TRIPOLI, Libya -- An exiled Libyan Jew fulfilled his lifelong dream by starting the ambitious project of restoring Tripoli's main synagogue on Sunday, crying as he broke down a concrete wall blocking the entrance and surveyed the damage.
David Gerbi was 12 when he fled with his family to Rome. It was 1967 and Arab anger was rising over the Mideast war in which Israel captured the West Bank, east Jerusalem and Gaza Strip. Two years later, Gadhafi expelled the rest of Libya's Jewish small community.
Gerbi returned to his homeland this summer to join the rebellion that ousted Gadhafi and he rode into the capital with fighters as Tripoli fell. He now wants to rebuild the destroyed Dar al-Bishi synagogue in Tripoli's Old City. He began Sunday, sledgehammer in hand, by knocking down the wall blocking the door to the crumbling peach-colored building inside the walled Old City after spending weeks getting permission from Libya's new rulers.
"He tried to eliminate us," Gerbi said of Gadhafi. "I want to bring the legacy back. I want to give a chance to the Jews of Libya to come back."
The Star of David is still visible on the outside walls and inside, faded Hebrew above an empty ark where Torah scrolls were once kept reads "Shema Israel" -- "Hear, O Israel" -- the beginning of a Jewish prayer.
But the floor and upper chambers of the building are covered in garbage -- plastic water bottles, clothes, mattresses, drug paraphernalia and dead pigeon carcasses.
Gerbi has hired a team of residents from the neighborhood to do the cleaning and help with the renovation. That is just the first step. The 56-year-old psychoanalyst has a broader goal of promoting tolerance for Jews and other religions in a new Libya.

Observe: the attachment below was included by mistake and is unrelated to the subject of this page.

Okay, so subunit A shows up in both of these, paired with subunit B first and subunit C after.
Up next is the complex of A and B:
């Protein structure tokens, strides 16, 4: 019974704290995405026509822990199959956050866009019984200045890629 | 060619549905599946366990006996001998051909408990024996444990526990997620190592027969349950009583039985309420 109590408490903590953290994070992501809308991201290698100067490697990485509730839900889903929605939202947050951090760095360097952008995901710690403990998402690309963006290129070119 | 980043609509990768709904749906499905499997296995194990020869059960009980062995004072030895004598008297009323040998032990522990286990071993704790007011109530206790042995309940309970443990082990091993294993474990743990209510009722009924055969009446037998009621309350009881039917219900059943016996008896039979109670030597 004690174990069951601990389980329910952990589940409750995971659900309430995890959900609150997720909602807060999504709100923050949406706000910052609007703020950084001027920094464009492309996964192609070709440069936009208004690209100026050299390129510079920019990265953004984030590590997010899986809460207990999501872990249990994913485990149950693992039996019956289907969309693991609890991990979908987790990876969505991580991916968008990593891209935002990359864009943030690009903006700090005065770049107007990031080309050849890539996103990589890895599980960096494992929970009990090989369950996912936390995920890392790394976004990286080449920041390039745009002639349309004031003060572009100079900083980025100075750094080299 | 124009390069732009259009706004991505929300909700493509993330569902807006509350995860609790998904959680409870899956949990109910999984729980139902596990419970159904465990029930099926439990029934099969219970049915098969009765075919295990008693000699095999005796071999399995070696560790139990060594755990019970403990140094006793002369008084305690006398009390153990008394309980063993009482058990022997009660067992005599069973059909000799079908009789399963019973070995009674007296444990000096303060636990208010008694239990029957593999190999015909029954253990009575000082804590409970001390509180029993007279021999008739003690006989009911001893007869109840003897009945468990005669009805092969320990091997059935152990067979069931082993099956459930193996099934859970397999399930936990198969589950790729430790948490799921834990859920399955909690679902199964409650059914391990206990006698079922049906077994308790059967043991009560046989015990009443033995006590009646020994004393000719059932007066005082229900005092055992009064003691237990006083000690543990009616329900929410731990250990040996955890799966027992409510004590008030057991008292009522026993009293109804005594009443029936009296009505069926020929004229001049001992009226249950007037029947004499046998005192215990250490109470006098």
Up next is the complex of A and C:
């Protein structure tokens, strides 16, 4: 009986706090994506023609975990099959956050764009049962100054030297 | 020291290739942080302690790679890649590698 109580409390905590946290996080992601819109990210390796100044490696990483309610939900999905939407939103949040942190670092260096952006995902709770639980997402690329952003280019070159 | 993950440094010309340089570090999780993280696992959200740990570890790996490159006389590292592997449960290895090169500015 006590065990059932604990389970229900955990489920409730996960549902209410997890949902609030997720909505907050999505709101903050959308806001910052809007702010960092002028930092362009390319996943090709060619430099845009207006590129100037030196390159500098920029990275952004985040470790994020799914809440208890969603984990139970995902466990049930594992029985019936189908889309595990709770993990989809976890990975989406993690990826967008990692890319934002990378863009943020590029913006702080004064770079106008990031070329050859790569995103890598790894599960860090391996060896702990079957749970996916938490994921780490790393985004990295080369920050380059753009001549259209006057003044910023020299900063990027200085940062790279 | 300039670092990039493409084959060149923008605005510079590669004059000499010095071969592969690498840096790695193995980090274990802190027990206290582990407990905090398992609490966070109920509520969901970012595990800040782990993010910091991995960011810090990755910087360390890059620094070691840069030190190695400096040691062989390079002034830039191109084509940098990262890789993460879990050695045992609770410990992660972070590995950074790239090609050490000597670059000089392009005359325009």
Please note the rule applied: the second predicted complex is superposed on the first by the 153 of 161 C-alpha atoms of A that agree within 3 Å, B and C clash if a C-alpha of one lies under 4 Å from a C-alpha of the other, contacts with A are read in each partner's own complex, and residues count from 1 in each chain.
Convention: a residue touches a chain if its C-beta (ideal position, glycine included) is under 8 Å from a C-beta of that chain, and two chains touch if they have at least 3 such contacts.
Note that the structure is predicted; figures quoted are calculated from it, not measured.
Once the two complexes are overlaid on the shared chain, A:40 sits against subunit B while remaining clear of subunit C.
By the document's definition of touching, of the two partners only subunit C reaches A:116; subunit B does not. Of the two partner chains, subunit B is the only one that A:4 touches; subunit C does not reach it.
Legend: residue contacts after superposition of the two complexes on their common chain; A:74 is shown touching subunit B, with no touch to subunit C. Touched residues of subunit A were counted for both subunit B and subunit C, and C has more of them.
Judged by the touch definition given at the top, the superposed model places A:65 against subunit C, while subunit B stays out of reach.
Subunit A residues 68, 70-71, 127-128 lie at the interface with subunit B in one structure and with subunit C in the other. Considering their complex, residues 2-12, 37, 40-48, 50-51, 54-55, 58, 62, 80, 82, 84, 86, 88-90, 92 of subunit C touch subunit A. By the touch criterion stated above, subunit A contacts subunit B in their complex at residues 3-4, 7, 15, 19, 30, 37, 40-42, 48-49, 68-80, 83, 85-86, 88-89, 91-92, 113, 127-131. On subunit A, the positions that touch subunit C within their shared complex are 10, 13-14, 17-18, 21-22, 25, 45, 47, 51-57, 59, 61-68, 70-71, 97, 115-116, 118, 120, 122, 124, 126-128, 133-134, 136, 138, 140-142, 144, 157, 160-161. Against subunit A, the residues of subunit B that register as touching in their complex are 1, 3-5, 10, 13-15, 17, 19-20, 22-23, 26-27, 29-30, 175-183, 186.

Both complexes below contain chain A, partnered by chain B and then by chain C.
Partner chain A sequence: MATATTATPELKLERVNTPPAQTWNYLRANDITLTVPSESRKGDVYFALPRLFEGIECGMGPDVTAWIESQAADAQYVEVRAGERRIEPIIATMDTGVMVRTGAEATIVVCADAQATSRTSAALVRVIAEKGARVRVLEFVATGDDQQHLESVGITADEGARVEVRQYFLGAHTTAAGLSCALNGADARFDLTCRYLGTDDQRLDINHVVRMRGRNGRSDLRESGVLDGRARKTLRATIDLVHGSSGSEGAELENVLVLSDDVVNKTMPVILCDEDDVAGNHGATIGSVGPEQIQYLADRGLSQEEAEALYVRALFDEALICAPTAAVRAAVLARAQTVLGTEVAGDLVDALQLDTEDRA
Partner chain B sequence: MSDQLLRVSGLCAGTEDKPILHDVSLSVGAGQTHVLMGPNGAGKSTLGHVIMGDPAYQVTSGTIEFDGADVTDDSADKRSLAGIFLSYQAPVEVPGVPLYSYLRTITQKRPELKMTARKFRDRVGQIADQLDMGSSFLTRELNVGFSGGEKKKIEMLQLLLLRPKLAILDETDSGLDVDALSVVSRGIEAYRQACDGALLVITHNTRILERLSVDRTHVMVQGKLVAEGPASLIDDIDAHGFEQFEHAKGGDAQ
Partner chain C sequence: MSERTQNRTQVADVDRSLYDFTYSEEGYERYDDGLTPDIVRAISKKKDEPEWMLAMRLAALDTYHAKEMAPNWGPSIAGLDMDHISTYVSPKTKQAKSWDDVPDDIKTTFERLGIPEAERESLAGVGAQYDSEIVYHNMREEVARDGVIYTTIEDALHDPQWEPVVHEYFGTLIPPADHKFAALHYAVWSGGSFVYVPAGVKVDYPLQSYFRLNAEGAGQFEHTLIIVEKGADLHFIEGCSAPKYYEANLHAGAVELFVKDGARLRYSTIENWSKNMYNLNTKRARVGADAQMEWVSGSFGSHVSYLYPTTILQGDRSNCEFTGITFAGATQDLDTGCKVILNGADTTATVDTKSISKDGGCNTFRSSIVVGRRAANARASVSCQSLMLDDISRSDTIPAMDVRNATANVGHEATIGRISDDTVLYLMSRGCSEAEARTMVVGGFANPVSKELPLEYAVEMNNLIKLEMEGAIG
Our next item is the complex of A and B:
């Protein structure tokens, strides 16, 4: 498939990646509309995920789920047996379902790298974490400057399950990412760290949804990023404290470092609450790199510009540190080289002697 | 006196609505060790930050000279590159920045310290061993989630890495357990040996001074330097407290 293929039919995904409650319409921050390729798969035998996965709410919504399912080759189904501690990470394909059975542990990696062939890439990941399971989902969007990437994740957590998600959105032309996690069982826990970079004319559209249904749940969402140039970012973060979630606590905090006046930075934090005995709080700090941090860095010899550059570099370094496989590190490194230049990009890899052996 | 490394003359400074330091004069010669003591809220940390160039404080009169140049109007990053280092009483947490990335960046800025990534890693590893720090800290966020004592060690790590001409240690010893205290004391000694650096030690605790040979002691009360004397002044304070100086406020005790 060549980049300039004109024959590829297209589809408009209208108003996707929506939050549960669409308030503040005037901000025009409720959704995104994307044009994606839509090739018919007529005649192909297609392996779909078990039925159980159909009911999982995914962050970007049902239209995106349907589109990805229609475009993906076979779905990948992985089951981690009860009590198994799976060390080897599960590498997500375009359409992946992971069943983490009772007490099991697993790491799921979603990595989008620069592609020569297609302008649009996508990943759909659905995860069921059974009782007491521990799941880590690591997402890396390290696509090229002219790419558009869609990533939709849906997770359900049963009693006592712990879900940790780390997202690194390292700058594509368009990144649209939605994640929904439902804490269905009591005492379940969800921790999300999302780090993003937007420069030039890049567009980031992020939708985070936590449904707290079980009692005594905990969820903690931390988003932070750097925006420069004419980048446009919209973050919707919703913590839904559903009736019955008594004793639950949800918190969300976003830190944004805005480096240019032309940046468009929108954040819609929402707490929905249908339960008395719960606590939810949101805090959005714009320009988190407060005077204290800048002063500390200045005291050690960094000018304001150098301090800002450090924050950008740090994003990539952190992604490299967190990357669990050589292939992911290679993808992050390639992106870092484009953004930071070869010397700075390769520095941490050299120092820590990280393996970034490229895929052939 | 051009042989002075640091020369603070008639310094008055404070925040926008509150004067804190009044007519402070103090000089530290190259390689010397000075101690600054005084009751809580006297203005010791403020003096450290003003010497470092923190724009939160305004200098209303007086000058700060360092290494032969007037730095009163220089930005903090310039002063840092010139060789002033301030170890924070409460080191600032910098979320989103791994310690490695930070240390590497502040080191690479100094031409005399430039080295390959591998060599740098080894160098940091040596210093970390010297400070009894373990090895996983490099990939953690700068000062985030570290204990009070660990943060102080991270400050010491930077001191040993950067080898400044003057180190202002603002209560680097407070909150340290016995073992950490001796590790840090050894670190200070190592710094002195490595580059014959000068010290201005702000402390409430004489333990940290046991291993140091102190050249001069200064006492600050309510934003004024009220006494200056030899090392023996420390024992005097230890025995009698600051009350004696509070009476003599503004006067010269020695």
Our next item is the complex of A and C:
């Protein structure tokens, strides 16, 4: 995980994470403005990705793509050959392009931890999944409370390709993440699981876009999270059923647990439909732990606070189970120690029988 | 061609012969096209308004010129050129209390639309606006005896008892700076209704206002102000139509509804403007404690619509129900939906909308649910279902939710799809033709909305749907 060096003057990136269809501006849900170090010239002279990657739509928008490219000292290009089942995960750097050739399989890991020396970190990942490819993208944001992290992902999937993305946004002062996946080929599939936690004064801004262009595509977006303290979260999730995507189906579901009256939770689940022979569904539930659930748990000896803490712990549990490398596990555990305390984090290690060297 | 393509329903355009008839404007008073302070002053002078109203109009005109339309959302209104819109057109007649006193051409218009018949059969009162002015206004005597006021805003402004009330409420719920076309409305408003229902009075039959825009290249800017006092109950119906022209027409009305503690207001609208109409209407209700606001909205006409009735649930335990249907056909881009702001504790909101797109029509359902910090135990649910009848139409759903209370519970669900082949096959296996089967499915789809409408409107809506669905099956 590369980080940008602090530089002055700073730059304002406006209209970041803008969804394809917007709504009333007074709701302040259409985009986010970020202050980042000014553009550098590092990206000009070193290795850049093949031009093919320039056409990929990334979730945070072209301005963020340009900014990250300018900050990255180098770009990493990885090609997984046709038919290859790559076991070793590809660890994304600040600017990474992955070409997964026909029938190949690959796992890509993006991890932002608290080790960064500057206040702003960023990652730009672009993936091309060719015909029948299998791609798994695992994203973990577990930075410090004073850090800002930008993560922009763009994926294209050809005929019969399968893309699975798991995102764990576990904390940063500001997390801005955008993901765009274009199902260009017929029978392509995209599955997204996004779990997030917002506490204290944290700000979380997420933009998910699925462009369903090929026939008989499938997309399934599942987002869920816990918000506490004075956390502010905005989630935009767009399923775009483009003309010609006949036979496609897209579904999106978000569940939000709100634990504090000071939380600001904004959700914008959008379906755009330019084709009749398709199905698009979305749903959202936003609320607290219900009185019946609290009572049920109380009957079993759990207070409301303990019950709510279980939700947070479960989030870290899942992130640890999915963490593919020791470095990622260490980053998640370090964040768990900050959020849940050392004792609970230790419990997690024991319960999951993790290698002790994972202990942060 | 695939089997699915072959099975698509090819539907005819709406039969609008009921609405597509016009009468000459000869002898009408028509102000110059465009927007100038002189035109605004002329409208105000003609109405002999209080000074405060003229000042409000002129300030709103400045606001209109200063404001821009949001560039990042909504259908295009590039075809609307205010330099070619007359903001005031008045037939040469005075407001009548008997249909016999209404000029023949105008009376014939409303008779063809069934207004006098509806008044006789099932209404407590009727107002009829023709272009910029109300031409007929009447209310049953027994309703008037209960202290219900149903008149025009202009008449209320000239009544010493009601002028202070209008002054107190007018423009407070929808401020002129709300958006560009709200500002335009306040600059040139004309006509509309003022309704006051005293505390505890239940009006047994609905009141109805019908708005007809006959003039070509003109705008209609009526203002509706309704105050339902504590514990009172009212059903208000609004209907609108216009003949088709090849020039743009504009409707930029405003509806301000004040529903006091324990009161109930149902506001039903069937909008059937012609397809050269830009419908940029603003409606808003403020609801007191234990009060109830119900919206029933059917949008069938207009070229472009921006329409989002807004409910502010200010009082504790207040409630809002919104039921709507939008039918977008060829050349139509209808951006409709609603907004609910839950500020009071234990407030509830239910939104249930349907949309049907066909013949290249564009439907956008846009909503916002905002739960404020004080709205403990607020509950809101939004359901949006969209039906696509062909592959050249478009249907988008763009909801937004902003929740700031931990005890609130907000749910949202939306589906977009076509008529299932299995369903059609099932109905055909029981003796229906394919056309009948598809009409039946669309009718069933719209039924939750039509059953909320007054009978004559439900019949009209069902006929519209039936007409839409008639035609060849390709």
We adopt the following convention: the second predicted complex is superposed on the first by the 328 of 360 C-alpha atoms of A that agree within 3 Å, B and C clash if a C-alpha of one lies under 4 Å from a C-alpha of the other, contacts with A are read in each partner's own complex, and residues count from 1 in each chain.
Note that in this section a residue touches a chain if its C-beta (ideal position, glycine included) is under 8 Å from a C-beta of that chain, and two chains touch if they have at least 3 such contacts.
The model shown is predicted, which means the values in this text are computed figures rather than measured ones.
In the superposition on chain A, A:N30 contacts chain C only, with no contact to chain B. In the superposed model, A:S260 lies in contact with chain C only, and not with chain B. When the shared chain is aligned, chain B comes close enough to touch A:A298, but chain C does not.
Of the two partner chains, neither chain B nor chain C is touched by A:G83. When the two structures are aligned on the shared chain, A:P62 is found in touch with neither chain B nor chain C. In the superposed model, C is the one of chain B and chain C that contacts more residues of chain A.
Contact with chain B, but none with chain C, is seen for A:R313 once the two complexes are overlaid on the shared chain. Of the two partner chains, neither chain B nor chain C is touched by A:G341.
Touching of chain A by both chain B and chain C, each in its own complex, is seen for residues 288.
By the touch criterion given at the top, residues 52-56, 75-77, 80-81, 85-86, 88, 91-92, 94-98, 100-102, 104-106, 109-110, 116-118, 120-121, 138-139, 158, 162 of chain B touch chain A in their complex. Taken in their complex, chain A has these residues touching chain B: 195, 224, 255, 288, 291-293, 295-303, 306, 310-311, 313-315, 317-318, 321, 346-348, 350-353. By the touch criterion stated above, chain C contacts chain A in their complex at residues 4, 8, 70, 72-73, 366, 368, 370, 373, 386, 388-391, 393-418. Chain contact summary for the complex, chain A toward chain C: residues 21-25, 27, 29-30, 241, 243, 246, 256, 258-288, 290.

The building, which sits in Hara Kabira, a sandy slum that was once Tripoli's Jewish quarter, has most recently been used to house impoverished Libyan families who are no longer there.
Jews first arrived in what is now Libya some 2,300 years ago. They settled mostly in coastal towns such as Tripoli and Benghazi and lived under a shifting string of rulers, including Romans, Ottoman Turks, Italians and ultimately the independent Arab state that was run by Gadhafi for nearly 42 years.
At it's peak, the community numbered about 37,000 before it vanished.
Gerbi isn't sure how many Jewish properties were confiscated, but he said his next goal is to resolve that issue and build a garden memorial on the site of the former Jewish cemetery, which Gadhafi had covered with high rises and a parking lot.
Most of the other synagogues around the country have either been demolished or put to other uses. Some were turned into mosques.
Gerbi is hopeful about Libya's future, although he has not yet been allowed to join the National Transitional Council as a full representative. Members of the panel that is now governing Libya said he must wait until fighting has completely ended and liberation is declared.
However, he said later Sunday that he had won even more important approval from the neighborhood's main sheik, who also offered him protection.
"My hope and wish is to have an inclusive country," he said in an interview. "I want to make justice, not only for me, but for all the people of Libya for the damage that Gadhafi did."